The Nation’s ICBM Force: Increasingly Creaky Broken Missiles

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Air Force photo / Tech. Sgt. Bob Wickley

Staff Sgt. Kevin Gorney checks out the electrical system aboard an LGM-30F Minuteman III missile in its silo, Jan. 1, 1980.

As the Air Force begins to dust off plans for the Minuteman III ICBM replacement, a stark choice faces the service.

On one hand, the time has come to replace them. On the other, the Air Force is strapped for cash, victim to a perfect storm of bureaucratic bloat, several rounds of defense cuts, and a fighter fleet exhausted by war and age.

The purpose of our strategic deterrent is simple: prevent nuclear weapons from ever being used. And the current Minuteman III inter-continental ballistic missile system, long in the tooth at 40 years old, is the foundation of that strategy.

The Minuteman III intercontinental ballistic missile was first deployed during the Nixon Administration. Though the missiles have been swapped out with a new skin and innards, the Air Force still uses the same ancient command and control infrastructure.

That technology, which the USAF uses to control and monitor the missiles, is crumbling:

– There’s more computing power in a first-generation iPhone than our ICBM force.
– Some replacement parts were built by companies that went out of business decades ago.
– Simple day-to-day tasks, routine during the peak of the Cold War, now take hours of wrench-turning, just to keep the deterrent on its feet.

The question staring down a cash-crunched Air Force is one of priorities.

With budgetary and political pressures closing in, some elected officials (and no doubt some military leaders) may be singing the siren’s song of abandoning the nuclear triad for a diad. Drop the missiles (some say), and leave deterrence for the submarines and bombers.

If the triad stays, as it should, the Air Force faces another tough choice.

The Minuteman fleet is on its last legs. A new system presents challenges that were foreign during the Cold War. Digging new, survivable underground bunkers could run afoot of a mountain of environmental regulations written after the Minuteman IIIs first went on alert. If the ICBMs went mobile, on roads or railways like the Russians or Chinese are wont to do, people near travel routes could create challenging political pressures.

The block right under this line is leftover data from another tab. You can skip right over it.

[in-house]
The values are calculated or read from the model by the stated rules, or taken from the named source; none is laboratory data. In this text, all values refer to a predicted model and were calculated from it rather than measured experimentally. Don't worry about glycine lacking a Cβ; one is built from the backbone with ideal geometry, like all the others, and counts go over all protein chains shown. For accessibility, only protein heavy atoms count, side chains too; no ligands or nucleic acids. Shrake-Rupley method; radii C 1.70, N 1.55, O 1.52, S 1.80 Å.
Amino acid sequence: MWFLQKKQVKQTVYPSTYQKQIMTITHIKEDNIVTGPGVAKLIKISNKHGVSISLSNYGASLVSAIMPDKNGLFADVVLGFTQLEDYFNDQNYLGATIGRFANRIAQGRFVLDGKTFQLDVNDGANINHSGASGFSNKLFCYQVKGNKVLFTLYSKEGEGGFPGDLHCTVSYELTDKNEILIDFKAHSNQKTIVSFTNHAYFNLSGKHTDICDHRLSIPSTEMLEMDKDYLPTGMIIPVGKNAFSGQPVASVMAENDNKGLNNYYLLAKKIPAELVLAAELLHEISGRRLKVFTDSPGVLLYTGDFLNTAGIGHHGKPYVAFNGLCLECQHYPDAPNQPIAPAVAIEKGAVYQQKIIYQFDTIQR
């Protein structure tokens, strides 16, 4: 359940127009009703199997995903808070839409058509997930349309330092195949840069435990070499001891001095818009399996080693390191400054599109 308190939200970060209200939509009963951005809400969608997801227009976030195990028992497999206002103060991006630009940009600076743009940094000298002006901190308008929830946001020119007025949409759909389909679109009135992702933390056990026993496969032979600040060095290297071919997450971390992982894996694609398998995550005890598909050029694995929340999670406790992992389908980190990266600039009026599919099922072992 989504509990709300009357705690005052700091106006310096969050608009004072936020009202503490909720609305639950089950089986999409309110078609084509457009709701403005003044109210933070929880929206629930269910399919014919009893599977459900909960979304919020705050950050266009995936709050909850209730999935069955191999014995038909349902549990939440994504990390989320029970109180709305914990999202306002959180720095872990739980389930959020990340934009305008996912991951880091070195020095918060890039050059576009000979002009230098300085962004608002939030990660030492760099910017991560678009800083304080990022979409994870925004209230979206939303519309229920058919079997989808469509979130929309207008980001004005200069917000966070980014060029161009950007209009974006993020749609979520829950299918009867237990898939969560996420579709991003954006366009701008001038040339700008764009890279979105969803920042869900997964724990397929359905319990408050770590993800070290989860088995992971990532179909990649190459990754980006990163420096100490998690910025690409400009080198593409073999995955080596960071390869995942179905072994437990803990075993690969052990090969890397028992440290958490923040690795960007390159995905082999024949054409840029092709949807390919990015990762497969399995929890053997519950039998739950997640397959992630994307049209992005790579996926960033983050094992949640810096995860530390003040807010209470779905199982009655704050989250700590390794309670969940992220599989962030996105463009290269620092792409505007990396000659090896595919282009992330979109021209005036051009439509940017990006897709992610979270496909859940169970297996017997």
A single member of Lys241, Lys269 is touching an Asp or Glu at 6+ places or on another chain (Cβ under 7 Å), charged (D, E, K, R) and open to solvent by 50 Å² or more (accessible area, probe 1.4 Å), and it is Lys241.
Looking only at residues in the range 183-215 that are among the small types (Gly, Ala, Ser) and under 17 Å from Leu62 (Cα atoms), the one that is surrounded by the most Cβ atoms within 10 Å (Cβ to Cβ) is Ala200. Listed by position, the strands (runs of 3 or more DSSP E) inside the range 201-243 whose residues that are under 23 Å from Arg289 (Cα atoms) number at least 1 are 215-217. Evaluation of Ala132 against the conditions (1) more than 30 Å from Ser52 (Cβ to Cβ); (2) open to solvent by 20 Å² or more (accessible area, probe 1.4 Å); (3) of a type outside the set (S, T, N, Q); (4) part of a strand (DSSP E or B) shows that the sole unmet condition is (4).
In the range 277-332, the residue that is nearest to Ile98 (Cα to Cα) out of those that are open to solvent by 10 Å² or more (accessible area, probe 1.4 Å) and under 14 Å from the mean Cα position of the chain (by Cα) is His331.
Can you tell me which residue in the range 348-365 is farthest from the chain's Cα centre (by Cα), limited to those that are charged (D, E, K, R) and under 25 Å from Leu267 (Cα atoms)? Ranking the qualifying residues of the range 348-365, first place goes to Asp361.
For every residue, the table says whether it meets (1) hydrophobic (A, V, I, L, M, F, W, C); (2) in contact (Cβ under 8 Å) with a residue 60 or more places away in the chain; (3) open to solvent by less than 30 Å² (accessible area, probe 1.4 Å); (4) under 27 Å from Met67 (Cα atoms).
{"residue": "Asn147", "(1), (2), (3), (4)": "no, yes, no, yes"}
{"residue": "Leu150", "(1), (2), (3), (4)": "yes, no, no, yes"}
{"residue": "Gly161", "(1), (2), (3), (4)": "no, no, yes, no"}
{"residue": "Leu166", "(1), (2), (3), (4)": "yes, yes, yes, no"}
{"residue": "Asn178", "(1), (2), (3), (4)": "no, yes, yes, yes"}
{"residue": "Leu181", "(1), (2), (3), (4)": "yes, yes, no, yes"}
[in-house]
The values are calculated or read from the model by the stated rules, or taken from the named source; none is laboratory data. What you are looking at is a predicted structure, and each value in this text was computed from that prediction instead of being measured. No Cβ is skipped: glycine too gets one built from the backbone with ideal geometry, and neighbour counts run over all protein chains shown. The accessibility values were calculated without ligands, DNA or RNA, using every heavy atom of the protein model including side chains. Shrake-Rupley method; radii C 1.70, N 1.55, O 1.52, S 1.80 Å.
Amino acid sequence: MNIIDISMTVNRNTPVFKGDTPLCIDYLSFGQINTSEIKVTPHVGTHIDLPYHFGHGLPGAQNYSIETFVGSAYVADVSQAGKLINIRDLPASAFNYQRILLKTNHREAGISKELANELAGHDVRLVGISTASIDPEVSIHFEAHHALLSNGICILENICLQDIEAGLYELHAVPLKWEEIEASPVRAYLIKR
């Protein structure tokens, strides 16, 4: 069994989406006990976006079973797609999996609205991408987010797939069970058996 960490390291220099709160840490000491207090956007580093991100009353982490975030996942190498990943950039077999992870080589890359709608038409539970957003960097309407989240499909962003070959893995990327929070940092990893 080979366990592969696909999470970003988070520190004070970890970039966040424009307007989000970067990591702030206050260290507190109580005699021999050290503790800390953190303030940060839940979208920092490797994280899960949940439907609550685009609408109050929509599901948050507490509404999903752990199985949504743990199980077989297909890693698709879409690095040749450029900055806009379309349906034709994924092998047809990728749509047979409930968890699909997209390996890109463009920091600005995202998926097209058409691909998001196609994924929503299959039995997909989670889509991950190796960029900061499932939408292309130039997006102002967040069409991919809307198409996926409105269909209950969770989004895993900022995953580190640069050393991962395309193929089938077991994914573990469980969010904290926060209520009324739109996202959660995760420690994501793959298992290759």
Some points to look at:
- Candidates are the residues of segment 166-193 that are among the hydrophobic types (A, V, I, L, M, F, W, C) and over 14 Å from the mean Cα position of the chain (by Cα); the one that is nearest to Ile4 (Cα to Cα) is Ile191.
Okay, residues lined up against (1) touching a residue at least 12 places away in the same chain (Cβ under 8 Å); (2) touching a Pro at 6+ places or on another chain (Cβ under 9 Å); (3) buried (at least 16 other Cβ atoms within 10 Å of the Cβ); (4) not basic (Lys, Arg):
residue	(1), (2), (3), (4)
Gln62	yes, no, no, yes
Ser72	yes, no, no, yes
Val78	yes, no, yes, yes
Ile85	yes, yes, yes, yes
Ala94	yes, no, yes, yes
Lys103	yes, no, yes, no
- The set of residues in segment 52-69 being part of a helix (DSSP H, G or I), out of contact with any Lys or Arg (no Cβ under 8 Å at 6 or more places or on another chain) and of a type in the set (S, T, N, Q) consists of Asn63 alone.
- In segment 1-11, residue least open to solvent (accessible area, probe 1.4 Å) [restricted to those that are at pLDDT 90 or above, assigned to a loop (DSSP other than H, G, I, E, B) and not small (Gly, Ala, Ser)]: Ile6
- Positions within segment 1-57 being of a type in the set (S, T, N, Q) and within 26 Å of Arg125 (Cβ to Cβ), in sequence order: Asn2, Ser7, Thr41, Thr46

Regardless, the USAF has signaled to Congress that it will press ahead with an ICBM replacement.

North Korea and Iran have both cracked the technology needed to field an alert force of long-range missiles, and are at varying stages of putting warheads on their delivery systems. Further, with Russia and China fielding robust, modernized triads of new missiles, subs, and bombers — and the United States’ deterrent serving as the West’s last nuclear triad (France has a diad, Britain is down to just a submarine deterrent), there’s little doubt U.S. military leaders are uncomfortable with the potential imbalance in the world’s strategic arsenals.

If your mission is to prevent nuclear weapons from ever being used – and ours is precisely that — imbalance is the enemy.

As former defense secretary Robert Gates said, the nuclear genie is out of the bottle. Our record in keeping the nuclear club exclusive has been terrible since the end of the Cold War (Iran, Pakistan, North Korea), despite historic reductions to our own force.

If we’re serious about ensuring nuclear weapons are never used in anger, we’re going to have to make some tough — and long-overdue — choices that keep our record of peaceful coexistence with other nuclear powers intact.

Matthew Vanderschuere is a former Minuteman III launch officer and flight commander for the 320th Missile Squadron. He is currently a PhD student at American University and a captain in the U.S. Air Force Reserve.

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